3 Emerging Trends in Employee Engagement

From the Brighter Planet Report, “Greening the Workplace 2011”

Two years ago, when the concept had just started to really gain traction, we reported the results of a survey conducted by Brighter Planet on engaging employees on sustainability issues. The company just released an update to that study which includes responses from employees at some of the companies leading corporate sustainability efforts including Walmart, UPS, and Coca-Cola. Since the first survey two years ago, employee engagement practices around sustainability have become increasingly more common and organizations are seeing and monitoring the impact of these programs. The results of the study suggest three surprising trends that sustainability practitioners should take note of:

  1. The results aren’t all positive. Although more than half of the employers in the survey are frequently promoting sustainability within their organizations, most still lack official engagement policies, and fewer programs were rated as effective at actually eliciting the desired behavior from employees. According to Brighter Planet, this could be the result of companies not implementing best practices established by the leaders in the space; or, it could be that employees have been slow to adopt the newer programs. Regardless, there is the possibility that ineffective programs could undermine the progress made so far on employee engagement overall and threaten the effectiveness of this approach to implementing sustainable practices.
  2. Effective programs go beyond traditional issues. The more effective engagement programs promote action from employees on a variety of different issues. Instead of focusing narrowly on more traditional green office initiatives like recycling, energy use, and commuting, the best programs go a step further by giving more attention to emerging sustainability issues such as water use, sustainable procurement, and business travel. It’s possible that by expanding the breadth of their initiatives beyond the status quo, these companies are demonstrating to their employees a more serious commitment to sustainability as well as a more innovative approach which is likely to inspire greater motivation and action.
  3. Data and information are key to success. Of all the organizations surveyed, those that collect and report data relevant to employee engagement efforts were three times as likely to have a program that was rated as “very effective.” This includes information on employee  sustainability efforts, data on the organizations environmental footprint, and on travel and commuting. The number of employers that are collecting this type of data also increased 15 percent since 2009. In addition, the programs that empower employees to share sustainability-related ideas with each other had a strong correlation to overall program effectiveness.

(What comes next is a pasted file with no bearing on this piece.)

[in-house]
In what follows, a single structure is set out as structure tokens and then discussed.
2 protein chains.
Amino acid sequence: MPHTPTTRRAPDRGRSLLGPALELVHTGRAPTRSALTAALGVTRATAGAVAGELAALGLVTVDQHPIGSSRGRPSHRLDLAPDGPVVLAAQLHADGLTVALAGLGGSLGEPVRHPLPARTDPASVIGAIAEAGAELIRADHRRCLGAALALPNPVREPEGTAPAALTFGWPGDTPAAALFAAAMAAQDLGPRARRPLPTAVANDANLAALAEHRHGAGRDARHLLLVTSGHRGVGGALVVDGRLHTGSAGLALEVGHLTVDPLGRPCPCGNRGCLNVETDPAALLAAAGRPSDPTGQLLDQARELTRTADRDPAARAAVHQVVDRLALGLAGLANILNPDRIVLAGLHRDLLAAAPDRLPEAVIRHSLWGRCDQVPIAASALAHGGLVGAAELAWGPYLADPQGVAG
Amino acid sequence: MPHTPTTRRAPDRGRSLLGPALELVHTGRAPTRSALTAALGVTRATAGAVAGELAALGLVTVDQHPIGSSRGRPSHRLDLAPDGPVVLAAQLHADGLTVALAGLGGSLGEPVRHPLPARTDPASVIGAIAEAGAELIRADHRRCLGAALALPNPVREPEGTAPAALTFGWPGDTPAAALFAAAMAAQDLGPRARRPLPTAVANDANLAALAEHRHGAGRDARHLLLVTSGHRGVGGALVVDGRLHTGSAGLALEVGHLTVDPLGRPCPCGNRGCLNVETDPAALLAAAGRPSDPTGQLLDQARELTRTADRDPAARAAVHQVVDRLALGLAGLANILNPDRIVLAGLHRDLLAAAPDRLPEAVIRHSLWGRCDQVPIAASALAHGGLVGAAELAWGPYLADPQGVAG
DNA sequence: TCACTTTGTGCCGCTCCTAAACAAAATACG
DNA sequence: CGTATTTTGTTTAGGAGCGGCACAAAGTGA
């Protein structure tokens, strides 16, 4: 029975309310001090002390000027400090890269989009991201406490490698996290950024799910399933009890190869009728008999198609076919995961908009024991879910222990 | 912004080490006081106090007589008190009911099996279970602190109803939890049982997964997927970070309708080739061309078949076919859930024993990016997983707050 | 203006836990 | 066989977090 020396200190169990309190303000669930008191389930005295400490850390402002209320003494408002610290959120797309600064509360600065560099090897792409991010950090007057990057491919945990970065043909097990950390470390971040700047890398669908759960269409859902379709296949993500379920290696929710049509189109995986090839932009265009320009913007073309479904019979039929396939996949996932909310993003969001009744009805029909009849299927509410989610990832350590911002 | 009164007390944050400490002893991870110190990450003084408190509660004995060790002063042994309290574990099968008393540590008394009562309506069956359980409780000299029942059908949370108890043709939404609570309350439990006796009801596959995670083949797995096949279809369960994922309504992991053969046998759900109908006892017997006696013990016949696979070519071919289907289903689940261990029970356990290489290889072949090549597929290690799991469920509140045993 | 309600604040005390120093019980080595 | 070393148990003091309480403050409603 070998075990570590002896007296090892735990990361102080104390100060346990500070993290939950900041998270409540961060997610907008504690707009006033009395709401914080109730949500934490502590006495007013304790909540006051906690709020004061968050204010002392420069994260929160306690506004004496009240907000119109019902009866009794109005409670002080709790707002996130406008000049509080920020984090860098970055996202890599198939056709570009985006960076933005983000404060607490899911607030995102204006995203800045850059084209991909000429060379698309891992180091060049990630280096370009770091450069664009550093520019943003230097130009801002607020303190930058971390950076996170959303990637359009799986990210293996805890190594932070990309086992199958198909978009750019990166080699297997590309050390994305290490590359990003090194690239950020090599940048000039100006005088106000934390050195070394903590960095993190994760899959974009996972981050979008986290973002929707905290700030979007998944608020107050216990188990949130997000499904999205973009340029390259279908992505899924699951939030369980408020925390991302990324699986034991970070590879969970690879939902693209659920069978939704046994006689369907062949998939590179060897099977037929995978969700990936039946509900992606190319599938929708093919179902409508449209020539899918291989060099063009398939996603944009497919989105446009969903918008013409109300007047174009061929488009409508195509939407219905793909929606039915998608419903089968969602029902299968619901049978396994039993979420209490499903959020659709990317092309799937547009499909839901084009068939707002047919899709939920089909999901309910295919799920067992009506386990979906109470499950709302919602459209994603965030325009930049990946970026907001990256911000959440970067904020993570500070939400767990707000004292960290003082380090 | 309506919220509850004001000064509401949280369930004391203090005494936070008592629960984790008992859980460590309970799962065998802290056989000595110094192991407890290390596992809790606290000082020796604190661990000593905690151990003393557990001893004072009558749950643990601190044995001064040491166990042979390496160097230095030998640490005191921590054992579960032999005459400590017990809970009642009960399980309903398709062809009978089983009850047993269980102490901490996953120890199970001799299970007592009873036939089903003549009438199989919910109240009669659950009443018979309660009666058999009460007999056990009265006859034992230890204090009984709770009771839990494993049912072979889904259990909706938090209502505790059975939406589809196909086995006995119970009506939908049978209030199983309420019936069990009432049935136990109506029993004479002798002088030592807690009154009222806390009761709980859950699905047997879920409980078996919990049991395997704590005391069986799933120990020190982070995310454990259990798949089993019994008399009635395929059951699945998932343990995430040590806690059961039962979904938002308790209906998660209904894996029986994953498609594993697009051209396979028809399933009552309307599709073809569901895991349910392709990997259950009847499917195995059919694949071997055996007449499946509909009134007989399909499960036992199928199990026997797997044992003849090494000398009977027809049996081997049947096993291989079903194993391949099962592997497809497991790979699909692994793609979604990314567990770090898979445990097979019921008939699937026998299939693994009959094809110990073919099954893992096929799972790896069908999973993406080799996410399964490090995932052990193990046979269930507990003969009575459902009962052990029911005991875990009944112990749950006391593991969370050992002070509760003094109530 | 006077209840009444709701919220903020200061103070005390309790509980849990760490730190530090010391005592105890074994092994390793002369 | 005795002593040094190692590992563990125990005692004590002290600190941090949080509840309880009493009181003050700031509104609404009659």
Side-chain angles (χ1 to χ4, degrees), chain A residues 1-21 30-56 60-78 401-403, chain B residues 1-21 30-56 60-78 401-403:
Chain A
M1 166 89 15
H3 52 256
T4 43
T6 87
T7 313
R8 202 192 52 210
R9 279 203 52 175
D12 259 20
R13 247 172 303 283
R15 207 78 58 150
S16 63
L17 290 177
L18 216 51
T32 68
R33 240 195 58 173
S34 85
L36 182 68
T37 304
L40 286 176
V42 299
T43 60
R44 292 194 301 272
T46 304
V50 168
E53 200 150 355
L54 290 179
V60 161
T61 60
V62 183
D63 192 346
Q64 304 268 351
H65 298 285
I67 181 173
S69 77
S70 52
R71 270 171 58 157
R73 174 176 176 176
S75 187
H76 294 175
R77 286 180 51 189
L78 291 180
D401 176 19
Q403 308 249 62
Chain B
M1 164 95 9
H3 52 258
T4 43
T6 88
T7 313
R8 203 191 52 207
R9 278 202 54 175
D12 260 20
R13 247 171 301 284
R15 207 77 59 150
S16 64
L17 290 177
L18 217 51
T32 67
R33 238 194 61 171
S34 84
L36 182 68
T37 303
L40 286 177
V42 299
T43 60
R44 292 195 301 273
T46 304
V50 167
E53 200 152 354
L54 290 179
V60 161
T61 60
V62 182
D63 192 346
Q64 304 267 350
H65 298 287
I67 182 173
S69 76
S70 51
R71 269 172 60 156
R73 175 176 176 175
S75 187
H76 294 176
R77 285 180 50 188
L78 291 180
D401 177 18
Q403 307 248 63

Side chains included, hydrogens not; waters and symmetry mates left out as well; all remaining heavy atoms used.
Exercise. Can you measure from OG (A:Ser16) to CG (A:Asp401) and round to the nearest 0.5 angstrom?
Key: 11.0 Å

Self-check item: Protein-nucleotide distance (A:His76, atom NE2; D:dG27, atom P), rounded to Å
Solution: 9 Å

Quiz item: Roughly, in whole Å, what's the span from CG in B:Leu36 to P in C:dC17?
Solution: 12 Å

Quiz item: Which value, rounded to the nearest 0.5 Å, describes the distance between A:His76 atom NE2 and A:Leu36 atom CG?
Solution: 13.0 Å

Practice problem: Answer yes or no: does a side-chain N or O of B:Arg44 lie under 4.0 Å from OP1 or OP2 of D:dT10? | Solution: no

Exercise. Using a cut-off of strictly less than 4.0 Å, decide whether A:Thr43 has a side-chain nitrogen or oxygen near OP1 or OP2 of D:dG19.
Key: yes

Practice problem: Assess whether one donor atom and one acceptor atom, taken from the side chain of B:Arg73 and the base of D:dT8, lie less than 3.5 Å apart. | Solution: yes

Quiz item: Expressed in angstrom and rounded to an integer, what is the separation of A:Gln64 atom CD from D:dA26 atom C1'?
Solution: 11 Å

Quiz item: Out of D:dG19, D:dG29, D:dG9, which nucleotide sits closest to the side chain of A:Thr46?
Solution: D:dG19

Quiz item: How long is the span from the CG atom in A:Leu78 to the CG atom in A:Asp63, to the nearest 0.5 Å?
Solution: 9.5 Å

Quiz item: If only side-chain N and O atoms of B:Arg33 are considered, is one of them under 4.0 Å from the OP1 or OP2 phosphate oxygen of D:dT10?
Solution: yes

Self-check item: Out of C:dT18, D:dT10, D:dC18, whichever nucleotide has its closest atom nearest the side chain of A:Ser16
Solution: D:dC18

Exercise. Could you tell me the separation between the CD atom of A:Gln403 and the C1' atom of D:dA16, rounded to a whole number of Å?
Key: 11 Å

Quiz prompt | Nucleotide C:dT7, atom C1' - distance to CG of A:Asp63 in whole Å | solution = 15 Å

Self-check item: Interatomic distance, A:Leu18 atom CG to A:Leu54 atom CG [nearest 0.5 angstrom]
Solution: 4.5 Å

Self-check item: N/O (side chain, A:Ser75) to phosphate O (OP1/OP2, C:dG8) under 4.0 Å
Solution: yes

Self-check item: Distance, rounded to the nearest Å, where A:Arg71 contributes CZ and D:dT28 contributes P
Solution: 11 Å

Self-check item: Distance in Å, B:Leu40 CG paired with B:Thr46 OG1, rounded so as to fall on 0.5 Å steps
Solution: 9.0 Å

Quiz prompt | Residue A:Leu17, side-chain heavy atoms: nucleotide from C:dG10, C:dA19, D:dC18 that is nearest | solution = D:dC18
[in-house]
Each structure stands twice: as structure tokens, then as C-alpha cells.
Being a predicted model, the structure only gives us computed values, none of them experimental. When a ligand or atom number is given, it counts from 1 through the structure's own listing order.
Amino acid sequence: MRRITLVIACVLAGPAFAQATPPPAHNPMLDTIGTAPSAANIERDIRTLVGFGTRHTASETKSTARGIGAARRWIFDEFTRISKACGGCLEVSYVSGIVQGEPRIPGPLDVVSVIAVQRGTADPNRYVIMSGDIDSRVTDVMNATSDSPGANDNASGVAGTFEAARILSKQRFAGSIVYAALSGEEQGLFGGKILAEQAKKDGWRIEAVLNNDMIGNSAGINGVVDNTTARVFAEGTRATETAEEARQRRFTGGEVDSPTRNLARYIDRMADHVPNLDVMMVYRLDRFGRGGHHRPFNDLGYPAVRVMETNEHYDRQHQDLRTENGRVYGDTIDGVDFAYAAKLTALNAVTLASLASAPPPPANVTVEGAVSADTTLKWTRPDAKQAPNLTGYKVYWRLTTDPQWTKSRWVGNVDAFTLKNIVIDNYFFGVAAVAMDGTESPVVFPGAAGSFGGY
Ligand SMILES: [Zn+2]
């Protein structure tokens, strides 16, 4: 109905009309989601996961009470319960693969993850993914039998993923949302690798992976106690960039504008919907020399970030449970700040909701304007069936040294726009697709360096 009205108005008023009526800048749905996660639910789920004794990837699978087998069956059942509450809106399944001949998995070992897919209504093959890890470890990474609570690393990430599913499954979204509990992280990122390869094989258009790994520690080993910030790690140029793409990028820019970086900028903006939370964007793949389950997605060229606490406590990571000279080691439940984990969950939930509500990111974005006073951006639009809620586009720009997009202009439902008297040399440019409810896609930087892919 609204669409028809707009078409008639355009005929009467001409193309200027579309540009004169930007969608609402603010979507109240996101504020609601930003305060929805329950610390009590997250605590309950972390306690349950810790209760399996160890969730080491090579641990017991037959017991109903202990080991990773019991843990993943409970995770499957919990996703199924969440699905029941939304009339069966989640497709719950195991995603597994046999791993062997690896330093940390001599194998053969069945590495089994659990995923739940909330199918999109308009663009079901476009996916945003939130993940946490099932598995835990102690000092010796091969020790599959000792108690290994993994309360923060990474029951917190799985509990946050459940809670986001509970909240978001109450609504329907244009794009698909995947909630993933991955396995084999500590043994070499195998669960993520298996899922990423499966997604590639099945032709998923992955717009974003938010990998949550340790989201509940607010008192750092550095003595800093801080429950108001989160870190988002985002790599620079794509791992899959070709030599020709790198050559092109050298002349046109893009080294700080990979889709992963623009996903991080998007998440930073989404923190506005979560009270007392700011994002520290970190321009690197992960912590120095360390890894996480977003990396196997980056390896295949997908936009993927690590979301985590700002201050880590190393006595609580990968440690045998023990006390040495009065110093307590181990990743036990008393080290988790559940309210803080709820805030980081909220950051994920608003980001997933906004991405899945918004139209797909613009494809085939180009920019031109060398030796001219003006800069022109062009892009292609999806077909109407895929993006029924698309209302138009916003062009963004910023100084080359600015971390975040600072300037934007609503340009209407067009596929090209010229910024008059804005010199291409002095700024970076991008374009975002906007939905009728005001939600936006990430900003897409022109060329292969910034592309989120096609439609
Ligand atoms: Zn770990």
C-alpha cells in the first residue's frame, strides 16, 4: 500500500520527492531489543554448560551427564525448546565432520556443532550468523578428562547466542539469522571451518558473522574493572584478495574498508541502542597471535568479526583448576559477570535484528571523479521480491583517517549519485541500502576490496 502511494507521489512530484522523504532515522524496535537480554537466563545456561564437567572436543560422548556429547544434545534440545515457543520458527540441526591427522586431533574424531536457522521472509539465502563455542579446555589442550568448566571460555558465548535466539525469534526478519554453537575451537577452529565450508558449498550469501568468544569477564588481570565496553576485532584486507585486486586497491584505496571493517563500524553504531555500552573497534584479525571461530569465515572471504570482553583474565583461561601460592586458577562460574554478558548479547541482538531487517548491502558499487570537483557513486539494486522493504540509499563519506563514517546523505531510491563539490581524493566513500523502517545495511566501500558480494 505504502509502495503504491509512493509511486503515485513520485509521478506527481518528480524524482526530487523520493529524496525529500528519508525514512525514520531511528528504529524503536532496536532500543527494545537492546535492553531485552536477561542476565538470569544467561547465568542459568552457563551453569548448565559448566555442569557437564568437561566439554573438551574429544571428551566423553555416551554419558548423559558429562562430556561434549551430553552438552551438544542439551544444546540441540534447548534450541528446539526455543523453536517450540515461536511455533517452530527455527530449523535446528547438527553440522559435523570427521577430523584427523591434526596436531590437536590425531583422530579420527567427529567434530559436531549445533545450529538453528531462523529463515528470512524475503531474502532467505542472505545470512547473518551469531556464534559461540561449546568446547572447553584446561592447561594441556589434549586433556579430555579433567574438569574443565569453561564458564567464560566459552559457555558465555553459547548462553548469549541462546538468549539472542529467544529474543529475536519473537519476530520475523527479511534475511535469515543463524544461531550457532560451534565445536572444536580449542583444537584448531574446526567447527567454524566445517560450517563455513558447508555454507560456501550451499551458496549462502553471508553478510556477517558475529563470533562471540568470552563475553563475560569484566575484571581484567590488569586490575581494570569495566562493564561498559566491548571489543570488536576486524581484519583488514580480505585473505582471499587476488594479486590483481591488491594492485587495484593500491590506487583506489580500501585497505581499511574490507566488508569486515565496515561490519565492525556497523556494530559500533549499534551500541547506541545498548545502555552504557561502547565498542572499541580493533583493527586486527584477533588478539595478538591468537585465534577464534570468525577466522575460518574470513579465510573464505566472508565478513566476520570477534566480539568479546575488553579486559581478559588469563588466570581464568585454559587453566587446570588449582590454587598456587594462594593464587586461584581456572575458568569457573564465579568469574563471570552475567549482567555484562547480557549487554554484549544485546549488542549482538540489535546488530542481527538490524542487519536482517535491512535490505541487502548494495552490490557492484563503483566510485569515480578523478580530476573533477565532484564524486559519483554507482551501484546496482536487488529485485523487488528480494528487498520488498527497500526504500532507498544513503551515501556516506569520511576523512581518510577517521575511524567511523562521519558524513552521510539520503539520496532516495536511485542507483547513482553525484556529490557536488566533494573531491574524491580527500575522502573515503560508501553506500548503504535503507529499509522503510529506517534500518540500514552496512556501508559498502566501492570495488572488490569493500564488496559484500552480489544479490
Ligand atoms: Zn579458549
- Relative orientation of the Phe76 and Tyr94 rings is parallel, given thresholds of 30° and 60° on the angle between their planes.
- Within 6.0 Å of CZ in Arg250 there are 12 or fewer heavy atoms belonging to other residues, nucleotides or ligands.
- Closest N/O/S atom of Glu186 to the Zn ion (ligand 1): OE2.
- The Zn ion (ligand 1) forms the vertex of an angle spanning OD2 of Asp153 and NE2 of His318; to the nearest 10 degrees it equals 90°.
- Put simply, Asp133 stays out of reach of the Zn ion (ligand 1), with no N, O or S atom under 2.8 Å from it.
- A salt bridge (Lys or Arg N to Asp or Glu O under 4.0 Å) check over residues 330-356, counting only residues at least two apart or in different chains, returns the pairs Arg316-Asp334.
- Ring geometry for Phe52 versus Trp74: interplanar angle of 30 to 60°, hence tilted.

Although employee engagement is becoming increasingly mainstream, it is still a young tool, and the effectiveness of different approaches vary widely. As companies implement and refine their employee engagement efforts, it’s important that they continue to collect the kind of feedback that this survey from Brighter Planet provides so they can continue to improve their programs.
Kara Scharwath is a corporate social responsibility professional, marketing consultant and Sustainable Management MBA Candidate. She is currently working as a Graduate Associate in Corporate Citizenship at the Walt Disney Company while pursuing her degree at Presidio Graduate School. Follow her on Twitter @karameredith.

Kara is a corporate social responsibility professional and marketing consultant with expertise in consumer research and environmental science. Currently, Kara is working as a Graduate Associate on the Corporate Citizenship team at the Walt Disney Company. She is also a founding partner of BeSui Consulting, a boutique marketing consulting firm specializing in consumer insights and marketing communications.Kara graduated from Rutgers University with a B.S. in Environmental Policy, Institutions and Behaviors. She is currently pursuing her M.B.A. in Sustainable Management from Presidio Graduate School where she is exploring the impact investing space and working to identify new ways to increase access to capital for start-ups and social ventures. Follow her on Twitter @karameredith.

2 responses

  1. Kara, thanks for this post. Related to the third point about data collection, the onus on managers to “collect and report” can create a significant time liability which leads to a decline in manager buy-in.

    That’s why we’ve built happiily (http://www.happiily.com) which provides a very easy input mechanism to track employee engagement and sentiment within organizations. Our manager’s dashboard provides a near real-time report that with just a quick scan can provide managers insight into what’s working and what needs fixing.

  2. Thanks for a very good post. I was especially struck by the finding that successful programs go beyond traditional measures. This seems related (but I’m not sure). David Kennedy in the excellent new book, Don’t Shoot! describes show some cities have reduced violence significantly. One major reason seems to be the focus on a single and compelling goal – don’t shoot. If gang members do kill someone, the world will come crashing down around them. In the past, cities tried to tackle everything wrong with the city believing that you had to fix everything or nothing would improve. It seems that a compelling enough, clear, challenging goal has a residual effect of other improvements taking place. . . I wonder if the companies that went beyond traditional measures of success may have indeed given people a few clear specific goals rather than everything that could fall under sustainability.. Any idea if  that might be true?

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